owner -- you think you can come in and just be smarter than the other owners, but what i learned is it's more of a social trust, it's more of a community ownership, and i think -- i have to take that into consideration when looking at the dodgers, so we'll see what happens. >> mark, great to have you on the program. thanks so much. >> appreciate it, marie a. thank you. >> we will see you soon. mark cuban joining us. up next on the "wall street journal report," making a list and checking it twice, but not the kind you think. the end of year personal
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welcome back. when it comes to estimating your tax bill for 2011, what can you do by december 31st to make sure you can cash in on april 15? federal tax contributor for some end of year advice on boosting your bottom plan. are there changes ahead to the tax law or other things to consider as we approach year end? >> not so much for 2011. 2012 is obviously up in the air. 2011 not the kind of changes we saw -- remember last year toward the end of the year, we were waiting to see what provisions were going to be extended, which ones were going to expire. we're not in that kind of position this year, but people do get confused on when do i accelerate production. it's not a complicated tax year. >> let's talk about the things
we need to do before the 31st of december to make sure we're in the best possible position in terms of lowering our tax bill for 2011. chartable contributions. >> that's a slam dunk, right? you can give cash, checks, securities. that's a great way to go because you can deduct the full market value and no capital gains. you just have to sort of come up with a fair market value, what your stuff would sell for at a thrift store, for example, but that's the easy way to go. clean out your closet. you've got a couple weeks to do so. and you have a deduction. >> updates to your home? >> if you are thinging about making energy-efficient improvements to your home, now would be the time to do so. energy-efficient windows, doors, whatever the case may be. this is a credit 10%. there are dollar caps. a maximum amount is $500. the installation has to be installed by 391st in ord1st in get this break, and you can't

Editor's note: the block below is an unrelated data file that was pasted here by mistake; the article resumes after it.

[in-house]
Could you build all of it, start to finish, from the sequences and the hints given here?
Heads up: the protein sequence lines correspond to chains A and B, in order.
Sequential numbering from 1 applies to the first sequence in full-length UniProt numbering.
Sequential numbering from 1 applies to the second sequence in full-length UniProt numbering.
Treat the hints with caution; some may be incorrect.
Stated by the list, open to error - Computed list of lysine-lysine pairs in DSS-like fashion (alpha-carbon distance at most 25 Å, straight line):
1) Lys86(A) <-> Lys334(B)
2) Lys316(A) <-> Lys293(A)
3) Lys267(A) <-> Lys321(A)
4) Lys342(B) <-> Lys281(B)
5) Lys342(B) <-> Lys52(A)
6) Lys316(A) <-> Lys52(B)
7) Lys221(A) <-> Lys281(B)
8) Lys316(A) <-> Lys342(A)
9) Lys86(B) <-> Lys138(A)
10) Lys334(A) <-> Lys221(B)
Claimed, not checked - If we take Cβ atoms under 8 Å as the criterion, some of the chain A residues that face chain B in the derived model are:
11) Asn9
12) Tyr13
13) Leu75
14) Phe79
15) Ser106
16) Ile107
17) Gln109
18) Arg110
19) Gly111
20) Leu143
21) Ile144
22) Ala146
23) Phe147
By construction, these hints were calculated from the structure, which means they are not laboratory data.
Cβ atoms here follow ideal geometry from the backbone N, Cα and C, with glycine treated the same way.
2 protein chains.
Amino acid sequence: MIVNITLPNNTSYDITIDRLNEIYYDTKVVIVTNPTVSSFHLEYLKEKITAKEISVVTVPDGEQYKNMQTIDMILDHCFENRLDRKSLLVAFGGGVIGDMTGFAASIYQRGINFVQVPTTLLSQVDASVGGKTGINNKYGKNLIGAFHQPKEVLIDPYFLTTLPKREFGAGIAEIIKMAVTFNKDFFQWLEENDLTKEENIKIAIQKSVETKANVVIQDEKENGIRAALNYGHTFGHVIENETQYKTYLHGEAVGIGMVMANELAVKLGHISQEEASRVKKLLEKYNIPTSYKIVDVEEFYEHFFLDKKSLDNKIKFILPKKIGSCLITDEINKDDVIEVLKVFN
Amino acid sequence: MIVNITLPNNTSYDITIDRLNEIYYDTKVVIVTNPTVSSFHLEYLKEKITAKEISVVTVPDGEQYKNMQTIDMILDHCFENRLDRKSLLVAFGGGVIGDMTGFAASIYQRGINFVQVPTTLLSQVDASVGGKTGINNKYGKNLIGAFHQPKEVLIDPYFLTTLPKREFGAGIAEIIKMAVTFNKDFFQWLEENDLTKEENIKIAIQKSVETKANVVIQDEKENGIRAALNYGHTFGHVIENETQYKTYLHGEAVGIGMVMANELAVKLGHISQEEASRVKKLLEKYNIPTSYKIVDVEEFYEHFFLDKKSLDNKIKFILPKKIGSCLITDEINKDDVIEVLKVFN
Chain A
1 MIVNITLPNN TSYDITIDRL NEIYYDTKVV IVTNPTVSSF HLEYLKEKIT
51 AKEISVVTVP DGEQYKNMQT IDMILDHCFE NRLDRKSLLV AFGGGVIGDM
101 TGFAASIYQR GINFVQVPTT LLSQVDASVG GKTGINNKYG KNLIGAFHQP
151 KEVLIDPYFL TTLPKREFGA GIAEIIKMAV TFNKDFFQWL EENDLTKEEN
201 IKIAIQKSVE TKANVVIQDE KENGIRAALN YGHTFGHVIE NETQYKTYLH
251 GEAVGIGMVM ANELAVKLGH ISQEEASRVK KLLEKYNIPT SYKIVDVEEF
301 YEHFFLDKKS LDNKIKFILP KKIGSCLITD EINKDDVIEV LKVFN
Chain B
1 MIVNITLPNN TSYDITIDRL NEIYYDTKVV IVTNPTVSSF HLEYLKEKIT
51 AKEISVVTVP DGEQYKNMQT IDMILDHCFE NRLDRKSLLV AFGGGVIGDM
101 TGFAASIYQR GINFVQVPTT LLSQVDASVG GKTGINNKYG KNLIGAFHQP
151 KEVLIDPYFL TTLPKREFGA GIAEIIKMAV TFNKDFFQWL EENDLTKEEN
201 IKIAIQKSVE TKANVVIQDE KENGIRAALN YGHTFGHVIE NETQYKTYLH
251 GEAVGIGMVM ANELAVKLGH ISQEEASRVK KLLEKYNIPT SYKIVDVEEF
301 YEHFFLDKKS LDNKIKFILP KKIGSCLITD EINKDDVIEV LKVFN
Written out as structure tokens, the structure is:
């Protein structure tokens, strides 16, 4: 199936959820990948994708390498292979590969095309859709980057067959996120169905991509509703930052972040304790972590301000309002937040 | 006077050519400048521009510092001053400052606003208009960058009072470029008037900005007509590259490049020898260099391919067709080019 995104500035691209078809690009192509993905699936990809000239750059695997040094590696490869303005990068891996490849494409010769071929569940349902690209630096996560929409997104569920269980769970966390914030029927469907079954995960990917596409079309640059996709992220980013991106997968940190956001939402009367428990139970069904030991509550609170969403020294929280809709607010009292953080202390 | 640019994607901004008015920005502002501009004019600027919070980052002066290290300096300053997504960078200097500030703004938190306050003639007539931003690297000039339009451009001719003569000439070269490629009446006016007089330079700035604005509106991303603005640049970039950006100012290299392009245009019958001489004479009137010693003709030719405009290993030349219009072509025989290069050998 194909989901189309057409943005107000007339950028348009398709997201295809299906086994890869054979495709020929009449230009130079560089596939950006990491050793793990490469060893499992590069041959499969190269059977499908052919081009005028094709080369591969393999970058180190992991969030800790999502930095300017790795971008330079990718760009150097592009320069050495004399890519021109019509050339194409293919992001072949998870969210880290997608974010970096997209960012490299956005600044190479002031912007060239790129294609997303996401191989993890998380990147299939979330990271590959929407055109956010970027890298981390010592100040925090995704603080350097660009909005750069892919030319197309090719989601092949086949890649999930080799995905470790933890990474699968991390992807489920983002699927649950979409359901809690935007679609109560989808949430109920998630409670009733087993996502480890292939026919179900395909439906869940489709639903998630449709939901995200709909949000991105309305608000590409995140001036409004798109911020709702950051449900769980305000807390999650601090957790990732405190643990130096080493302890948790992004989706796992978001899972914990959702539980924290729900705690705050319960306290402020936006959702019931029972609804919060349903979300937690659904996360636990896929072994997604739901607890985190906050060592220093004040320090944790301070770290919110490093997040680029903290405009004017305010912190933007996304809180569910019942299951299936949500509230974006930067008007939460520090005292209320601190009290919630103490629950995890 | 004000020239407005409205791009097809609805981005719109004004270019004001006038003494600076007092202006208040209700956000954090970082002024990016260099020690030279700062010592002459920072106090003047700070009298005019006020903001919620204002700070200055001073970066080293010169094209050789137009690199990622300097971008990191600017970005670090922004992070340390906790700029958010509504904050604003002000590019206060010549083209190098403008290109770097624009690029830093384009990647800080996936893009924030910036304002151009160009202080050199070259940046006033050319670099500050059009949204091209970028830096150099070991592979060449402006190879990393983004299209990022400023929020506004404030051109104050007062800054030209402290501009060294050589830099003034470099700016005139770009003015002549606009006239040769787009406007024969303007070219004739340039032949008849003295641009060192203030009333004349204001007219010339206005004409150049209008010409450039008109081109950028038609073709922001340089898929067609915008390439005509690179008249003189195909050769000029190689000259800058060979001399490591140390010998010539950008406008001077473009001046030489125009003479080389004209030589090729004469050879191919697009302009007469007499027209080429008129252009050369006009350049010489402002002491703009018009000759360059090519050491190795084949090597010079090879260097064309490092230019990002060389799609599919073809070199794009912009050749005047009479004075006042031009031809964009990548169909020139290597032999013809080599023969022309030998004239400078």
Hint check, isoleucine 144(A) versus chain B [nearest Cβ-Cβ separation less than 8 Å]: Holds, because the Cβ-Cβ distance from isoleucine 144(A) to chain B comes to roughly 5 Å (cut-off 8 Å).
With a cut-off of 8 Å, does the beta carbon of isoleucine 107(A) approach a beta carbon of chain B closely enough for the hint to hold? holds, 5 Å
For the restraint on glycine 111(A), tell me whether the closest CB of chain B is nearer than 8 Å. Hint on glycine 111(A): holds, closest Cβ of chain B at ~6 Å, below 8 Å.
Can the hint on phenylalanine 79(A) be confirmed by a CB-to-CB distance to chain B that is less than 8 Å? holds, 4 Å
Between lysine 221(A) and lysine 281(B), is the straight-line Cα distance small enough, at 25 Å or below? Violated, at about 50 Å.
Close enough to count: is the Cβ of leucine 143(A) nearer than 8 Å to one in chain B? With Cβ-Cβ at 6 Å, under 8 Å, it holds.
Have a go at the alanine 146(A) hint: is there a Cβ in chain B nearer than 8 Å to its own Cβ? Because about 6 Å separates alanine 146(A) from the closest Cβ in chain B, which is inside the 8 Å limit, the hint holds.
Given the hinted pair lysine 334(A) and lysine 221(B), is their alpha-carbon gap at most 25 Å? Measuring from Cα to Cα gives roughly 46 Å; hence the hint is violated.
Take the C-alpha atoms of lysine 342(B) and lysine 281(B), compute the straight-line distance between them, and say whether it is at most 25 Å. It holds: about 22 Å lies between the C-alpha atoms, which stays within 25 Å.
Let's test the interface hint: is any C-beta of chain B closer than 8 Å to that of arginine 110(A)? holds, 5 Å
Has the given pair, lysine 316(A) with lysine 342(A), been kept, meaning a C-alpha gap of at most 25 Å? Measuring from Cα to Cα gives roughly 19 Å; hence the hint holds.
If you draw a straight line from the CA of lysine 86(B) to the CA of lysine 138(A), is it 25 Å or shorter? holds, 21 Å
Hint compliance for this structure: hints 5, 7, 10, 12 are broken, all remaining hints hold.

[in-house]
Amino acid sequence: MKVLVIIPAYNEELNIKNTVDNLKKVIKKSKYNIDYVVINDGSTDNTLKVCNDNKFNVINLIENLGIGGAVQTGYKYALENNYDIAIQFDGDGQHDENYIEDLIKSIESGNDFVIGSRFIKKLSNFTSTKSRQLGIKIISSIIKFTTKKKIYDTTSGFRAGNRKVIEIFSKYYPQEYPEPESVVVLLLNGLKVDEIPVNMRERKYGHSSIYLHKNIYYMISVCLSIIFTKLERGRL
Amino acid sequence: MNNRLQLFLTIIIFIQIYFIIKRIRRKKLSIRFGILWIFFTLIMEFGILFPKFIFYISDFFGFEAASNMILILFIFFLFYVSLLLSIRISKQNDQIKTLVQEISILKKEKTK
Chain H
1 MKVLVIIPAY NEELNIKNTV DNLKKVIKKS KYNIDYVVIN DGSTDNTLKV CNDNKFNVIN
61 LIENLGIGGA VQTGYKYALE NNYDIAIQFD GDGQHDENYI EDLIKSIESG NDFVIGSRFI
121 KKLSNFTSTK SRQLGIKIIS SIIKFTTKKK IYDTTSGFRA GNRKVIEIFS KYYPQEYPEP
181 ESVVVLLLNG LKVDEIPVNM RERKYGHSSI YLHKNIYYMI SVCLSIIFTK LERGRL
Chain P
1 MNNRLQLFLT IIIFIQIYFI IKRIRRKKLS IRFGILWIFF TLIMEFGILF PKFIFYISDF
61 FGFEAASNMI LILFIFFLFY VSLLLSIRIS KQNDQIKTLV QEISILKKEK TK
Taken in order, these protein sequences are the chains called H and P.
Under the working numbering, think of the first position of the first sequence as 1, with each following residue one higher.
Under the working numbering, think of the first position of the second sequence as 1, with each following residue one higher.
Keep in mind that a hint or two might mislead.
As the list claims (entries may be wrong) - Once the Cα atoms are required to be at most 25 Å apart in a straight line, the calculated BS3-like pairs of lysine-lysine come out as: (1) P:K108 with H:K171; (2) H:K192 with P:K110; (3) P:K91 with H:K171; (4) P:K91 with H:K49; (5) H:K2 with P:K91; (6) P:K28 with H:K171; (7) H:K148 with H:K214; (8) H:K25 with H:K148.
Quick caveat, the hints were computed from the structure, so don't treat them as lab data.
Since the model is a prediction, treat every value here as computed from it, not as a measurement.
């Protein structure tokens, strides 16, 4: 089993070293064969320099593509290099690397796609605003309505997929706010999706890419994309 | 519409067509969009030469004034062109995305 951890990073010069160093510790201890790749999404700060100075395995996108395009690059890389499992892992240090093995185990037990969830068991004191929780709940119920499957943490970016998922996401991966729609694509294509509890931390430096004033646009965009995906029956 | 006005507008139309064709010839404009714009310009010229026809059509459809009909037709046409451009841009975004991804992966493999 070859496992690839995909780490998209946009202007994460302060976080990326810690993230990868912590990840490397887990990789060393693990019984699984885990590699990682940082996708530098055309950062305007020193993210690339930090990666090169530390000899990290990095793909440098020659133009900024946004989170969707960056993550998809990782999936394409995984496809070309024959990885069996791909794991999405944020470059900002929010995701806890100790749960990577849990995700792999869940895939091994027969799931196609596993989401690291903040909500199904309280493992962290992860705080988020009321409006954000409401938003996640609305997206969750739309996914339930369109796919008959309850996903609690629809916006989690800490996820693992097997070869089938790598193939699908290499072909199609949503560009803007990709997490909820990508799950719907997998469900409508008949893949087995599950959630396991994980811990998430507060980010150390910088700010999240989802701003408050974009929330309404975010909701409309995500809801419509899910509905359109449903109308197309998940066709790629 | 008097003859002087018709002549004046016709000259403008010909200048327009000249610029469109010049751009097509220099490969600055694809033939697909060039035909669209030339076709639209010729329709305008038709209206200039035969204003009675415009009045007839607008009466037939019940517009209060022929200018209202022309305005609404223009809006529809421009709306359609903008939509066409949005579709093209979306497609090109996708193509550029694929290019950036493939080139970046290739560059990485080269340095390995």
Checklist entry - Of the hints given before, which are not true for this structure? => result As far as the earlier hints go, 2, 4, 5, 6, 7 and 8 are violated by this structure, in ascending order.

claim it if you claimed it previous years. >> what expires at the end of the year that we need to know about? >> we have the tax c's at the end of the year. you might consider pre-paying college costs in 2012 if you want to take that break. you don't have to be a full-time student, you can be a part-time student, taking a couple classes. we've also got the education expense that's going away. if you're a teacher, instructor, counselor, now would be a good time to load up on books and supplies. and then the optional sales tax deduction is going away as well. this is the deduction in lieu of state and local taxes. if you live in a state where there's no income tax, florida or texas, for example, now might be the time to consider going out and buying a luxury car, a boat so that you can actually maximize the break here and take
that sales tax deduction. >> before the end of the year. >> yeah. >> health care. there are deadlines for money in both savings accounts as well as flexible spending accounts. >> the health savings account if you're anywhere near the contribution limits, you want to ra ratch it up by the end of the year. the flexible account, if there's anything in there the end of the year, it has to be used up or that money is gone. these accounts have become more restrictive since regulations went into effect the beginning of the year. they're not as flexible as they once were, but there are still a lot of things you can do to spend that money. >> what advice do you have in terms of looking at your portfolio? year end, what do you want to have in mind in terms of retireme retirement? >> toupt tayou want to take a l your gains, your losses. you can take that loss against $3,000 against ordinary income,
but you might also want to consider taking some games off the table, too, maybe giving some games to your low-income kids, for example, if they're in those tax brackets. and charities would be happy to take your appreciated securities. you get to deduct the full market value and no capital gains. there are lots to think about this time of year. >> vera givens joining us. thank you. >> thank you, maria. news coming up this next week that will impact your money. what does it take these days? from 1% to 10%, americans have a differing opinion for what makes for a fat paycheck. back in a minute. opens its doors...
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for more on our show, check out our web site. i hope you'll follow me on twitter and google plus. look for maria bartiromo. a big week for housing data. tuesday we find out how many residential units began construction last month. that's with the release of housing starts data. on wednesday, the nation's realtors will report the number of existing homes sold in the month of november. and on thursday, the final reading of the third quarter gross domestic product will be out, typically a market mover. on friday we get data on new home sales for the last month. and finally today, what makes wealth? a recent gallup poll reported that a median income of $150,000 would be enough for most americans to feel rich.
23% of respondents would find comfort at 150k, but 15% said more than $1 million a year would do the trick. the census bureau puts median household income in the u.s. at about $50,000. age and gender divided the opinions. the median income women needed to be rich was just $100,000. young americans wanted more than those over 50 years old. that will do it for us today. thanks so much for joining us. my guest next week, producer harvey -dad, why are you getting that? -that's my cereal. is there a prize in there? oh, there's a prize, all right. is it a robot? no. is it a jet plane? nope. is it a dinosaur?] [ male announcer ] inside every box of heart healthy cheerios are those great tasting little o's made from carefully selected oats that c help lower cholesterol. stickers? uh-uh.